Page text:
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Malcolm ARNOLD (1921-2006)
Little Suite No. 1, Op.53 (1955) [8:32]
Concerto for 28 Players, Op.105 (1970) [20:23]
Little Suite No. 2, Op.78 (1963) [8:43]
Variations for Orchestra on a Theme of Ruth Gipps, Op.122 (1977) [11:11] *
A Manx Suite, (Little Suite No. 3), Op.142 (1990) [9:05] *
City of London Sinfonia/Richard Hickox
rec. St Jude on the Hill, Hampstead, London, 12-13 July 1996. DDD
* premiere recordings
CHANDOS CHAN 9509 [58:00]




The contrasting Malcolm Arnolds are on display here but in none of these five works is he anything other than succinct. The three Little Suites reach from the glorious 1950s and 1960s as far as 1990. They are indeed little and they put no strain on the attention of the listener. That they are modest in duration however does not mean that they are trivial in impact. The first two Little Suites are each in three movements. No. 1 has a stately and noble – almost Elgarian Prelude. It is marked Maestoso and it is given a generously broad gait. The Allegretto sings with a young heart. Arnold is gifted this way and no doubt it carries the engaging slightly sentimental manner of his film music. There is a rumbustious Waltonian March conclusion similar in manner to sections of the recently BBC revived overture Metropolis by the late John Veale. This is decked with irresistibly throaty bird-song inflected chirps providing an ostinato above which a masculine ebullience lofts the march on high in a manner we know from the English Dances. No. 2 is similarly short. The Overture is optimistic, magnificently orchestrated and serenading in its manner. The central Ballad is at first a far more haunted affair than the Allegretto of No. 1. Not that it does not soon find a lyric touch in best commercial manner but it is hesitant and there is some dark occlusion. The Vivace has the dance vigour of counterpart movements by Creston or Harris and the use of bongos and pattering and clicking percussion emphasises an element which we also hear in the Commonwealth Christmas Overture and five years later in the Fourth Symphony. The Manx Suite is his Third Little Suite which was premiered by the Manx Youth Orchestra conducted by Alan Pickard. The five movements are despatched in just over nine minutes. The music is drawn directly from Manx folk songs and in the last two movements Arnold simply orchestrates a single melodic line; the one exception being a light but magically atmospheric touch on the tam-tam at the start and end of the longish Lento.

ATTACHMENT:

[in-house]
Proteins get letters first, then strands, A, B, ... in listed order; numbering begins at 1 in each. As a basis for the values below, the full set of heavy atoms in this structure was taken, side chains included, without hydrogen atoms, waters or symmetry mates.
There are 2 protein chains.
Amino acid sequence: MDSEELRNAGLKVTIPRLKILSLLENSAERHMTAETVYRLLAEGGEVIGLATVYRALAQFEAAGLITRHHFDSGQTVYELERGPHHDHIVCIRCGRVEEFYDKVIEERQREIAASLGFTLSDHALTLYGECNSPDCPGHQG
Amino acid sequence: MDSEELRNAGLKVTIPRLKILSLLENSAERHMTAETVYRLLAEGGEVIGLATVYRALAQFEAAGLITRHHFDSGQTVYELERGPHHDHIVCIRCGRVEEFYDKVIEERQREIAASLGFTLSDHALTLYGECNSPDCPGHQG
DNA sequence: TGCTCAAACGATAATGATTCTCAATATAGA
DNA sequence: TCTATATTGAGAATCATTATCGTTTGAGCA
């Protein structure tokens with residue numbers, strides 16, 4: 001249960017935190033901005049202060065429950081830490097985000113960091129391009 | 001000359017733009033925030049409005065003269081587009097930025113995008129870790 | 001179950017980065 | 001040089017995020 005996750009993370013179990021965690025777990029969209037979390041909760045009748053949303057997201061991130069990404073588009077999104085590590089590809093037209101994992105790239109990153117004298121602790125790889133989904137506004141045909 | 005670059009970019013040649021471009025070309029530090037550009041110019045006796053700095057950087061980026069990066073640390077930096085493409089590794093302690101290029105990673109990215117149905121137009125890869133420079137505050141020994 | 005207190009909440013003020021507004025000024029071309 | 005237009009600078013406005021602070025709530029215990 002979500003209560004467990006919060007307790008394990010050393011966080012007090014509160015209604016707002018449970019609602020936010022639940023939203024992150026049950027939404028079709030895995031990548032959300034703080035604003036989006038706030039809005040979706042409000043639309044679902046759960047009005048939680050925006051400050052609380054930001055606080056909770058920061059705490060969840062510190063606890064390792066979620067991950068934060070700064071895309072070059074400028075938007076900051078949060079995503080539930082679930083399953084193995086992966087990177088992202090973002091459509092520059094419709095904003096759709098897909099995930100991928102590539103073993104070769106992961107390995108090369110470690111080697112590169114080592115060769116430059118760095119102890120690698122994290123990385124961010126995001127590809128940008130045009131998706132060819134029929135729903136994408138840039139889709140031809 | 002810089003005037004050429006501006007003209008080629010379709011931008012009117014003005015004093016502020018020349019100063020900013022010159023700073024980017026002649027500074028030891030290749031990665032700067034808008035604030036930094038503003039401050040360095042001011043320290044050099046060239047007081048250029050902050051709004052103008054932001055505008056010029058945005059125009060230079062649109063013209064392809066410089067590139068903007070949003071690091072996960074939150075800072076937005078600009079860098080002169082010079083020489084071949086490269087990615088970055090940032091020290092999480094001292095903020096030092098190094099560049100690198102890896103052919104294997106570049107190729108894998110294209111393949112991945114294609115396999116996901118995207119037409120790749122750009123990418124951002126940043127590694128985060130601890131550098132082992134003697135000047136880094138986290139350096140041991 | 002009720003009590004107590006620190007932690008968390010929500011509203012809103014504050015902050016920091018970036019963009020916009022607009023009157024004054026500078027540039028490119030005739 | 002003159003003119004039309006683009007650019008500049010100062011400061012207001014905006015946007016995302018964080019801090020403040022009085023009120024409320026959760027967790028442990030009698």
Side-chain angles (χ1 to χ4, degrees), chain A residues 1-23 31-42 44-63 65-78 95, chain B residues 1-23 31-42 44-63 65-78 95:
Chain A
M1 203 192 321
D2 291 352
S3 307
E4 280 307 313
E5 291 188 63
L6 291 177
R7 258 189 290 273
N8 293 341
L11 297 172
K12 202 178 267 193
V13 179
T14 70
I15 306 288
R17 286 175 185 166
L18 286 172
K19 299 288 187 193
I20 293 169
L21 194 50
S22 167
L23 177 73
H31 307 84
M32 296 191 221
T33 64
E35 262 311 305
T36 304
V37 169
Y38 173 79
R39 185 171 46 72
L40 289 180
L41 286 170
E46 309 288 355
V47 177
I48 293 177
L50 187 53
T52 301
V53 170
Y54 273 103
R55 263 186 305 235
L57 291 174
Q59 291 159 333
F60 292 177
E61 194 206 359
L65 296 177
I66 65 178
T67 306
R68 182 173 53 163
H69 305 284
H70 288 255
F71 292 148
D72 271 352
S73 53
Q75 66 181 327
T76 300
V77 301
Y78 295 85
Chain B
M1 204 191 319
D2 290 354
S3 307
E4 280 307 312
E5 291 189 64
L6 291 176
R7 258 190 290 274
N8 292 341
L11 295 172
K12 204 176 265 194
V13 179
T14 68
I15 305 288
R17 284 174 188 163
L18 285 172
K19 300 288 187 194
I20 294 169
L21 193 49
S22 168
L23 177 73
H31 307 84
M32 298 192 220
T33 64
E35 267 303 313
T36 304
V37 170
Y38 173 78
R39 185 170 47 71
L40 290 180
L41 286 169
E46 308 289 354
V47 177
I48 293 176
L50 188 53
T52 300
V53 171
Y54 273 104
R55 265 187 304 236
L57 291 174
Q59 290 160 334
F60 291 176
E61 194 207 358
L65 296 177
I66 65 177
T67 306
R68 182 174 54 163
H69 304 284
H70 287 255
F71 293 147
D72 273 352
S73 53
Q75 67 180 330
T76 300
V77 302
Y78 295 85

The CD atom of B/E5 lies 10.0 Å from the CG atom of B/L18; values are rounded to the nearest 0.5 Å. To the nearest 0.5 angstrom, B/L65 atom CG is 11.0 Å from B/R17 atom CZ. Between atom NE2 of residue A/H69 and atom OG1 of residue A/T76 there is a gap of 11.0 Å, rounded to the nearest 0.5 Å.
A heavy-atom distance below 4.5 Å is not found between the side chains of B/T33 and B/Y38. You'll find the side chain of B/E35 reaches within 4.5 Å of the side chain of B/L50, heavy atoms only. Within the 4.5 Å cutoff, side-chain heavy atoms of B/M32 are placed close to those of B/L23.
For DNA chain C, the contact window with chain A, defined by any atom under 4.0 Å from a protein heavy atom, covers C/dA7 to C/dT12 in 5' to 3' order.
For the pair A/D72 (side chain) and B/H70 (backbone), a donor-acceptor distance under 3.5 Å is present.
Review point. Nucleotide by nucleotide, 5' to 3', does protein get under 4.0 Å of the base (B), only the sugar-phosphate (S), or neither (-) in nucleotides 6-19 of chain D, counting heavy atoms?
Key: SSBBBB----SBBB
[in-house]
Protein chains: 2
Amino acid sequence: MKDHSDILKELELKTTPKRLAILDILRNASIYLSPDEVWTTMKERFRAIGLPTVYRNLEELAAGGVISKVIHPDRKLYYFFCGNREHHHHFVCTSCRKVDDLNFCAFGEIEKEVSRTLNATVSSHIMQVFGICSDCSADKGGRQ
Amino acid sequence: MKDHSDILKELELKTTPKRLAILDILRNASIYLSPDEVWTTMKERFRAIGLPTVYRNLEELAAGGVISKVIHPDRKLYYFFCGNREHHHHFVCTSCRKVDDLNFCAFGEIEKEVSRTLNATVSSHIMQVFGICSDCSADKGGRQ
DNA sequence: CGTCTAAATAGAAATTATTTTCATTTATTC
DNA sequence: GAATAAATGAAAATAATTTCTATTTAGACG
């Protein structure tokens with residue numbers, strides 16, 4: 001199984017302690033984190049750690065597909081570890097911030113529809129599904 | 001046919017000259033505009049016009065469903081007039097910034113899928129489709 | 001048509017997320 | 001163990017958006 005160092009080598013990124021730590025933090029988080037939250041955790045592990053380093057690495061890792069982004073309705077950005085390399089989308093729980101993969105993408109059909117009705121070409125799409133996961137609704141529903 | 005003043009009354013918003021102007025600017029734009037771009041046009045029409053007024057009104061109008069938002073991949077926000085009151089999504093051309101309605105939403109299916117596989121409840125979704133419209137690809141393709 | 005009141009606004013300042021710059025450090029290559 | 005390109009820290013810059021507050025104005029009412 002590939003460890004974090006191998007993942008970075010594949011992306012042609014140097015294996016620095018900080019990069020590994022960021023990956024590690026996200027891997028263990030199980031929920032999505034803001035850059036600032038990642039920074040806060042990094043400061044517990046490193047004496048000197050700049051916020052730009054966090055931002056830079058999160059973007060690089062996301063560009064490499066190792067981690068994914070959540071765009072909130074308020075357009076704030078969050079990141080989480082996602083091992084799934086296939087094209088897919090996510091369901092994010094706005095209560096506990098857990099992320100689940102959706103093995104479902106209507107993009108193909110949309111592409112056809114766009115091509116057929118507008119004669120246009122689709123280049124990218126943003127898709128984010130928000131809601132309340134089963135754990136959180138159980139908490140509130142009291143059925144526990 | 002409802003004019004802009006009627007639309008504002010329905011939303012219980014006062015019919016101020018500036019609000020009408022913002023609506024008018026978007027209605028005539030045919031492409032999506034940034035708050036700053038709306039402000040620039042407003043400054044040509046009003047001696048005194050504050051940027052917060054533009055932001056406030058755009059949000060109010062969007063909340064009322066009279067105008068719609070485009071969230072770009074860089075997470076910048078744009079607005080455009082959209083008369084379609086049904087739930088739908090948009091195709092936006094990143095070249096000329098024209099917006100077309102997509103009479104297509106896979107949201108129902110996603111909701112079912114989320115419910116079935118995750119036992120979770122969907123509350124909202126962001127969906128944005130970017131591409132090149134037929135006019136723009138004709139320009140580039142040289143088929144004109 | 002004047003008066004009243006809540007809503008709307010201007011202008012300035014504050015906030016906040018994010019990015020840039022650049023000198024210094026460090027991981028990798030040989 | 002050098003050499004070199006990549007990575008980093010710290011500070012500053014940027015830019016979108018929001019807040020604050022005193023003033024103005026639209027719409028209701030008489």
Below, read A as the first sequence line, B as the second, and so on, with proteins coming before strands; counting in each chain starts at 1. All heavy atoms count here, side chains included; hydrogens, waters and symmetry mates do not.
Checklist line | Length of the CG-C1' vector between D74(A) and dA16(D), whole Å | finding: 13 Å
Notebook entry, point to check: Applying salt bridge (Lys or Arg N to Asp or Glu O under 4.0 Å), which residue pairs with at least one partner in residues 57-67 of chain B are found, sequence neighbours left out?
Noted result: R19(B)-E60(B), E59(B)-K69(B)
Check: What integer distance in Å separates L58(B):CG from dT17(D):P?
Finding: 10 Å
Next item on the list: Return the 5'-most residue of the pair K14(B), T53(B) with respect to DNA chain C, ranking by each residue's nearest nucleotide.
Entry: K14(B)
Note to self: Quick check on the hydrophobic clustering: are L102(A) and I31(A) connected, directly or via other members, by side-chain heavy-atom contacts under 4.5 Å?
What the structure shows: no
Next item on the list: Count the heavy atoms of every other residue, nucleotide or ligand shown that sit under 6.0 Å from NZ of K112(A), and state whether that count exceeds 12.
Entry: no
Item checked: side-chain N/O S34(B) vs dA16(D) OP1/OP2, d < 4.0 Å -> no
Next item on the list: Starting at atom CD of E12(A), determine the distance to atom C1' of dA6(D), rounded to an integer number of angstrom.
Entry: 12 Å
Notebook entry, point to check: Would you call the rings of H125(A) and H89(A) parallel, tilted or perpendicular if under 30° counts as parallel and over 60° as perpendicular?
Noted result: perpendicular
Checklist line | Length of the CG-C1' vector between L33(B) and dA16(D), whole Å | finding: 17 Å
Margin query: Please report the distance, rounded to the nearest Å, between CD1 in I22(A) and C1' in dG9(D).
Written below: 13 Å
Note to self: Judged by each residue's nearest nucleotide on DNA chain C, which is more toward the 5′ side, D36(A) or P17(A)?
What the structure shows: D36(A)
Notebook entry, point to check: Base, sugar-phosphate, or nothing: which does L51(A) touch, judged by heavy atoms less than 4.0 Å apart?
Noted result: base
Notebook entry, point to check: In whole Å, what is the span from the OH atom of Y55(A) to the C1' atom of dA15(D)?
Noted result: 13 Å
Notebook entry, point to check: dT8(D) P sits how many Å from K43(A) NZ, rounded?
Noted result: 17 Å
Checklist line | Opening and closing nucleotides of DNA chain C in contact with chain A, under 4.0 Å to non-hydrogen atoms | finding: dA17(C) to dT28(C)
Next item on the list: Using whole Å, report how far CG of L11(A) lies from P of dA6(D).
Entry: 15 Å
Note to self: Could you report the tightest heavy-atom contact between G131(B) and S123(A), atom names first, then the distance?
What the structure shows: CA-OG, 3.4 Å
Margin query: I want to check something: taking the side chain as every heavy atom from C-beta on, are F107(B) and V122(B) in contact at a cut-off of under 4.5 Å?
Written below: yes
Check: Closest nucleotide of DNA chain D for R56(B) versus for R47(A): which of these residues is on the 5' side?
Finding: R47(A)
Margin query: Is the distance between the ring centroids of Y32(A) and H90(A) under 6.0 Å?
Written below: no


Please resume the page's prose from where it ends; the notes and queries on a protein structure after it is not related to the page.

The Concerto for 28 Players is a late-ish piece written in St Merryn in Cornwall. It was premiered on 25 April 1970 at the Queen Elizabeth Hall, London by the ECO with the composer conducting. As I mentioned in my review of the concertos volume of Decca’s splendid Malcolm Arnold Edition this is a work of thrumming tension. It is suggestive of Bernard Herrmann in the stalking and ruthlessly hunting power of the first movement. There is also something of Britten’s Serenade in the tautly fanfaring string writing of the finale. This is a work dating from some of Arnold’s darkest days as the Cornish period came to an end and the Irish sojourn began … and it shows especially in the ambiguities and diaphanously tentative mastery of the central Larghetto. Two years in the future lay the similarly inclined Seventh Symphony but only the year before there had been the hysterically ebullient Concerto for Phyllis and Cyril.

Arnold wrote the intriguing Gipps Variations in 1977. Typically they are the length of a concert overture and in that span we hear an Introduction and Theme as well as six variations. All seven movements are separately tracked. The Variations are well worth hearing – a tribute from one neglected composer to another. In them there is nothing tentative. Arnold injects doses of dodecaphonic material into this work and Gipps must have wondered as she was well known as a rejectionist of the Second Viennese School. Alongside such adventures we also get interludes that are strongly suggestive of RVW. The theme is, by the way, from Gipps 1953 Coronation March.

There are good notes by Mervyn Cooke.

The Little Suites for orchestra are good to have all on a single disc. There’s no doubting that they are packed with vintage Arnold even if the later movements of the Manx Suite can be pretty spartan. The Concerto is the best version to be had and like the rest of the disc it is superbly recorded - better than the Conifer original with Handley conducting the BBC Concert Orchestra on vol. 2 of the Decca Edition. The Gipps Variations are intriguing material for Arnold fans.

Hickox and his orchestra together with the Chandos technical team are represented at their very best on this disc. I have been something of a critic of this conductor for what I have occasional felt was a rather impersonal conveyor belt approach to British music but here I have nothing but praise for his insight and grasp of the idiom.

Rob Barnett


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